Judge decides police violated due process rights of homicide suspect, kicks DA off case
District court addresses due process concerns from defendant
- Johnny Davidson, 47, is accused of fatally shooting Justin Tapaha, 45, of Fruitland, along Airport Drive on the night of Aug. 20, 2020, according to The Daily Times archives.
- Davidson’s attorneys filed an Aug. 2 motion to have the case dismissed, claiming that Farmington police violated their client’s constitutional rights by recording a privileged conversation involving Davidson and an attorney first hired in the case.
FARMINGTON — A district court judge has determined the Farmington Police Department violated the constitutional rights of a man accused of homicide by recording him talking with his attorney, almost leading to the judge dismissing the casep
The San Juan County District Attorney’s Office has been thrown off the case due to the “illegal eavesdropping” of Farmington police, requiring the attorneys to find another prosecutor to handle the case by a December deadline set by the judge.
Johnny Davidson, 47, is accused of fatally shooting Justin Tapaha, 45, of Fruitland, along Airport Drive on the night of Aug. 20, 2020, according to The Daily Times archives.
He is accused of a second-degree felony count of murder and shooting at or from a motor vehicle (great bodily harm), according to court documents.
The latest developments on Davidson’s case stem from Judge David Pederson’s Nov. 5 order, which he issued following an Oct. 22 court hearing on multiple motions filed by the defense.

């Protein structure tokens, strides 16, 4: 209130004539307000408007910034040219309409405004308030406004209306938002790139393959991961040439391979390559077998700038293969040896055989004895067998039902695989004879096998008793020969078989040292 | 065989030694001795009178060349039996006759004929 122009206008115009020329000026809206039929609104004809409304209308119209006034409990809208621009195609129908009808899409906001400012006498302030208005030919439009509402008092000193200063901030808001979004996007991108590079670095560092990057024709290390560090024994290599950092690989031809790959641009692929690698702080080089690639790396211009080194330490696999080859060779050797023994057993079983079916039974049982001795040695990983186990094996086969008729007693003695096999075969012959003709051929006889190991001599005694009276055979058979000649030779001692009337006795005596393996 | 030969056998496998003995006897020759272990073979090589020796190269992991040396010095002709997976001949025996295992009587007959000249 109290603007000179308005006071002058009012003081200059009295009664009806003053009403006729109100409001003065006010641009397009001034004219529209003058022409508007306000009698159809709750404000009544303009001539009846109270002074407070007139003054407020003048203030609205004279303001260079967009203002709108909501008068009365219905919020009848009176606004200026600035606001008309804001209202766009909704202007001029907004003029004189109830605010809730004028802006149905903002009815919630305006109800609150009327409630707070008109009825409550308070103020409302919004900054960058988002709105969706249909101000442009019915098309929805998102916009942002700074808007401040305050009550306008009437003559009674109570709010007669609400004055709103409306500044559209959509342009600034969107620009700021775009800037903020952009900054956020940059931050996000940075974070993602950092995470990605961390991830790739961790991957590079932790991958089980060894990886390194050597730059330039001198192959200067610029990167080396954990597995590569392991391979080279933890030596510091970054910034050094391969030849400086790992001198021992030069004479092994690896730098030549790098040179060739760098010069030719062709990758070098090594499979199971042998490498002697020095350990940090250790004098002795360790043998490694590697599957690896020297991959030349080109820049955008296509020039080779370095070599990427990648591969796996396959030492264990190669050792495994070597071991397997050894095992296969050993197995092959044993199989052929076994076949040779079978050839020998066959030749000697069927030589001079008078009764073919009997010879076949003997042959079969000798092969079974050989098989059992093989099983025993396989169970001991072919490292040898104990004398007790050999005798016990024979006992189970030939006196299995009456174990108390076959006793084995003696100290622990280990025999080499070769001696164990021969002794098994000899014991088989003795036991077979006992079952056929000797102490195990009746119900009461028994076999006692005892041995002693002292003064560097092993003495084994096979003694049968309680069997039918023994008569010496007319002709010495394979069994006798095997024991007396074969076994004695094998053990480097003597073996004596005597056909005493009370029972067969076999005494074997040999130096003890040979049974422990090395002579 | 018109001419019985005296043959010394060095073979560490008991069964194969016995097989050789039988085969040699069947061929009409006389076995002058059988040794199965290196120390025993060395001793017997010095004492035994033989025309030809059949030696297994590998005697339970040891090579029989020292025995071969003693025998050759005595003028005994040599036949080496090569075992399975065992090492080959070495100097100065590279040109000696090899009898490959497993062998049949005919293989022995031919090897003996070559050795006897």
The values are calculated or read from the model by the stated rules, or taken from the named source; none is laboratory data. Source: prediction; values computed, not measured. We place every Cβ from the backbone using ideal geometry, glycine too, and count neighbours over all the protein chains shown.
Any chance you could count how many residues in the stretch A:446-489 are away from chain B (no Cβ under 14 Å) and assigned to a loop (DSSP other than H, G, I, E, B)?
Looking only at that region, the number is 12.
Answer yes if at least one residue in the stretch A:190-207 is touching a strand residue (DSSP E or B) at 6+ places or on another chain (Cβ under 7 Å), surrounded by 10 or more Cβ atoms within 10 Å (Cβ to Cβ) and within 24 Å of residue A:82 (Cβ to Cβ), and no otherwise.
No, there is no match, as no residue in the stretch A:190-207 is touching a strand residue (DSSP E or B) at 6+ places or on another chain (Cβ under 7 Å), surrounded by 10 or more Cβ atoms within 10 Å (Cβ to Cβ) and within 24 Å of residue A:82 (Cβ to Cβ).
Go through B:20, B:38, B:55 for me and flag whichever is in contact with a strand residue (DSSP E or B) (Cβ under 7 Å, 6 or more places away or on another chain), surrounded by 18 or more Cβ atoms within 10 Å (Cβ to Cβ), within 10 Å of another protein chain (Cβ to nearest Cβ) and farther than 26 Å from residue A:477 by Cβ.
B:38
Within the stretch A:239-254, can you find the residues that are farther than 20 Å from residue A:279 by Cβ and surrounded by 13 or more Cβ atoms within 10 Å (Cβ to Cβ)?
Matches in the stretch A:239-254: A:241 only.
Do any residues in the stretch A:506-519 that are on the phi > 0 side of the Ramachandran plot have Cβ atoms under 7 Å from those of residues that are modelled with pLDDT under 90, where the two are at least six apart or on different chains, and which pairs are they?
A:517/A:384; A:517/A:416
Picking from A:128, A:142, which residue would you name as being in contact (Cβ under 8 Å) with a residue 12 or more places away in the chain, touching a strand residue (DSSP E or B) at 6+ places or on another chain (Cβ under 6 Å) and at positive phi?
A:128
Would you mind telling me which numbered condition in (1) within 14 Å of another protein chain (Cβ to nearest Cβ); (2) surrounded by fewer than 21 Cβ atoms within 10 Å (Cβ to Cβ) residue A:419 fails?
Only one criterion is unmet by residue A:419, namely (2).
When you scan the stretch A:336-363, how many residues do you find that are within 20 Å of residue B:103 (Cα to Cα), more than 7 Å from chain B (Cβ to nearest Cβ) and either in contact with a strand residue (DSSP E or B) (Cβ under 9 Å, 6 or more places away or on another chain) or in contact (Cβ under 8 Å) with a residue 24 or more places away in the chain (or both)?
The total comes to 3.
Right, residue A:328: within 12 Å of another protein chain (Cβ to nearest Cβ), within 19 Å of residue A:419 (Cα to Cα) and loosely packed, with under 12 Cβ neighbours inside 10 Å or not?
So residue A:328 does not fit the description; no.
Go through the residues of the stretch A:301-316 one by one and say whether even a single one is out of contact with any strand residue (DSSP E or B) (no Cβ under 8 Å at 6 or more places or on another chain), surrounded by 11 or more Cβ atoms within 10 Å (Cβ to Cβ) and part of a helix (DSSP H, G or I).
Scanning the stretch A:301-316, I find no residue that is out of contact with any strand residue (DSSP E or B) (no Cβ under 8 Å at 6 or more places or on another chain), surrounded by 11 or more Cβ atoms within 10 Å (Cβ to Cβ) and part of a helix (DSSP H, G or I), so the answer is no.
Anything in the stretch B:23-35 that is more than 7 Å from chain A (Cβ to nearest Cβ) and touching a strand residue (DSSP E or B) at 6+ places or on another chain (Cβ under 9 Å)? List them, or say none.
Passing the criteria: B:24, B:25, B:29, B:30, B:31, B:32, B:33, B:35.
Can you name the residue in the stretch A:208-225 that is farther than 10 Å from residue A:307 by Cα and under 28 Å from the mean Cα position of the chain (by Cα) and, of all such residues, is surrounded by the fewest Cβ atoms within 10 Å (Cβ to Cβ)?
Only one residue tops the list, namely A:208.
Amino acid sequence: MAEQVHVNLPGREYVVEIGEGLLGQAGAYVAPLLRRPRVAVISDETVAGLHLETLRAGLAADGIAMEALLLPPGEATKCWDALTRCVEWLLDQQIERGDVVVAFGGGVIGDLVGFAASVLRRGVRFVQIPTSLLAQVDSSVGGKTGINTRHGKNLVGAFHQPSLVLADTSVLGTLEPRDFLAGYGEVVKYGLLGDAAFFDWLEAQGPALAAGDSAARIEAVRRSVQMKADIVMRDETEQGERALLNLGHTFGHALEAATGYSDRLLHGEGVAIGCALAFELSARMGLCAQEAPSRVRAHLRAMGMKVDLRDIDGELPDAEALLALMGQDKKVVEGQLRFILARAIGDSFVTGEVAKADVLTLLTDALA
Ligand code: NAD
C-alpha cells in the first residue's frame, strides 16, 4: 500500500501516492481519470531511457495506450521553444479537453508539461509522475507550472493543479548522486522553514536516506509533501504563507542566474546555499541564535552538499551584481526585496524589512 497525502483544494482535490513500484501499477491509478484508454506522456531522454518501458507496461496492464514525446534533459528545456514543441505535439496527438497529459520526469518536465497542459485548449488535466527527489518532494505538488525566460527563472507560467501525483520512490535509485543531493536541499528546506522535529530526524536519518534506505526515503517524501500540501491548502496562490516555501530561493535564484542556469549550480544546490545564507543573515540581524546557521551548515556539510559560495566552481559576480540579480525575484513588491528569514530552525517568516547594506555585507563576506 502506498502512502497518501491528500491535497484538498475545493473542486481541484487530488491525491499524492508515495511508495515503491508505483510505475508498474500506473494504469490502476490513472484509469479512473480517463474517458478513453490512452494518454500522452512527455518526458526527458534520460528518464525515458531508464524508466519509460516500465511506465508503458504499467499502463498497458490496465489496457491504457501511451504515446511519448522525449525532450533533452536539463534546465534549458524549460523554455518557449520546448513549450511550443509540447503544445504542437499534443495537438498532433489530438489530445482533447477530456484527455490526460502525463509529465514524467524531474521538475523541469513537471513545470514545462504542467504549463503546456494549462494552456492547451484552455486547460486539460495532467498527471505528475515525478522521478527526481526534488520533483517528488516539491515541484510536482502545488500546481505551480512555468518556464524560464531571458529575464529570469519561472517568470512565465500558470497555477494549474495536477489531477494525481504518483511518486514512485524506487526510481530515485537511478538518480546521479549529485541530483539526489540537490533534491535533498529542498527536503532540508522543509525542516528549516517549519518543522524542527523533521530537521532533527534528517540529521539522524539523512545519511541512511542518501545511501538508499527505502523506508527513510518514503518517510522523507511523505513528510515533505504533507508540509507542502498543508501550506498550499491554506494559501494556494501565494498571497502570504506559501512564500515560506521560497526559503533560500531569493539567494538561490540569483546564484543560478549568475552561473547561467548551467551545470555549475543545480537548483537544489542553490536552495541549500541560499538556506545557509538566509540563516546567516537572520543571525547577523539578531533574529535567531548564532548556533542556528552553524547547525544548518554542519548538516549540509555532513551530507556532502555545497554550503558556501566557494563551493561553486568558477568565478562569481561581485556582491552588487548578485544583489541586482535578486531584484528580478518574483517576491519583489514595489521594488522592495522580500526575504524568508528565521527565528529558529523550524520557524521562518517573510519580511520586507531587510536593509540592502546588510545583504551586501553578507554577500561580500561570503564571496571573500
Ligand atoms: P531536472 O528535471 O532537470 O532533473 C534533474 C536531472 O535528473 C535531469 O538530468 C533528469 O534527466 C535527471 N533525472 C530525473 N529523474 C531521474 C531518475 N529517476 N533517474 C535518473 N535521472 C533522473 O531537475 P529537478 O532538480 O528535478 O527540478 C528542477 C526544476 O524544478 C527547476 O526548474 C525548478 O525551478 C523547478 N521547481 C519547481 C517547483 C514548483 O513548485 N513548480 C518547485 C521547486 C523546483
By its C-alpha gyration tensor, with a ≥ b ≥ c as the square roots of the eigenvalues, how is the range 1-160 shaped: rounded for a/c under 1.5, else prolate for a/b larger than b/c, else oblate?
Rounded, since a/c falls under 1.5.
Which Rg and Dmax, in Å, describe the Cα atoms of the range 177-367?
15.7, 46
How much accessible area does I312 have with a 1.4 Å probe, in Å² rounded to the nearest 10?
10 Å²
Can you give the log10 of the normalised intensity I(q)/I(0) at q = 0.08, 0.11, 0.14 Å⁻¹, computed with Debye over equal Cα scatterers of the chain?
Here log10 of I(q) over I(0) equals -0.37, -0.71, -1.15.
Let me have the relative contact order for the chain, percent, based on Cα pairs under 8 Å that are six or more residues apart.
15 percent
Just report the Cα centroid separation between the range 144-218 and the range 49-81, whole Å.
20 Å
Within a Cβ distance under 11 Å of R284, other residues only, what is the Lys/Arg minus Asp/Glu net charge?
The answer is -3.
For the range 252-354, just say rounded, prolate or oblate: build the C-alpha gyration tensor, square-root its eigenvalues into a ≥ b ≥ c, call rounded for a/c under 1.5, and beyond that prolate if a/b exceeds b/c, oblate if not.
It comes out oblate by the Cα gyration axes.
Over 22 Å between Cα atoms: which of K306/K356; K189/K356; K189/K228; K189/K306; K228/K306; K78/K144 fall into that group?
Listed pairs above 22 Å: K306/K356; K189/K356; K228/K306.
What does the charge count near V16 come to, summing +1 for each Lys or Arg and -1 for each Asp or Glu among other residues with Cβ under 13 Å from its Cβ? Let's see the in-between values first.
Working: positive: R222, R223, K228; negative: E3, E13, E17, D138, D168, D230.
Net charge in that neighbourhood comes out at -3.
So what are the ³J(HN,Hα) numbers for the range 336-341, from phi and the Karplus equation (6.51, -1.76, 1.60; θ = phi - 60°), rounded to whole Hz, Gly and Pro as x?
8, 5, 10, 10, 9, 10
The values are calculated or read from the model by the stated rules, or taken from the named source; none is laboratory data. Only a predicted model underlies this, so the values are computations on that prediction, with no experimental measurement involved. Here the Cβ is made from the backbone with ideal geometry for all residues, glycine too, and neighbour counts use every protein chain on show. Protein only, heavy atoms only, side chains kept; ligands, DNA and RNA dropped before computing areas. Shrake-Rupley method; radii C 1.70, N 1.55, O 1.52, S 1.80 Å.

Judge Pederson granted Davidson’s motions to suppress illegal interview room tapes of his cell phone calls to his attorney, suppress evidence from his cell phone and its contents along with denying his motion to suppress video surveillance footage evidence.
Pederson also issued sanctions against the prosecution for violating Davidson’s constitutional rights under the 4th, 5th and 6th amendments of the U.S. Constitution and parts of the New Mexico State Constitution.
Farmington Police’s recording of attorney-defendant phone call
Davidson’s attorneys filed an Aug. 2 motion to have the case dismissed, claiming that Farmington police violated their client’s constitutional rights by recording a privileged conversation involving Davidson and an attorney first hired in the case.
The Daily Times previously reported that one of Davidson’s attorneys, Steve Murphy, and Davidson’s first attorney, Lee McMillian, said Farmington police officers recorded a confidential conversation involving McMillian and Davidson.
Murphy estimated the recording at about 30 minutes when Davidson was taken into custody on Aug. 20, 2020, following the homicide he is accused of.
Judge Pederson leaned into Farmington police in his order, stating officers intentionally misled Davidson to believe he was not being recorded.
“The illegal eavesdropping by FPD has tainted the entire process of prosecuting the case and in the modern era it is almost unfathomable that law enforcement would do it,” Pederson wrote in the order.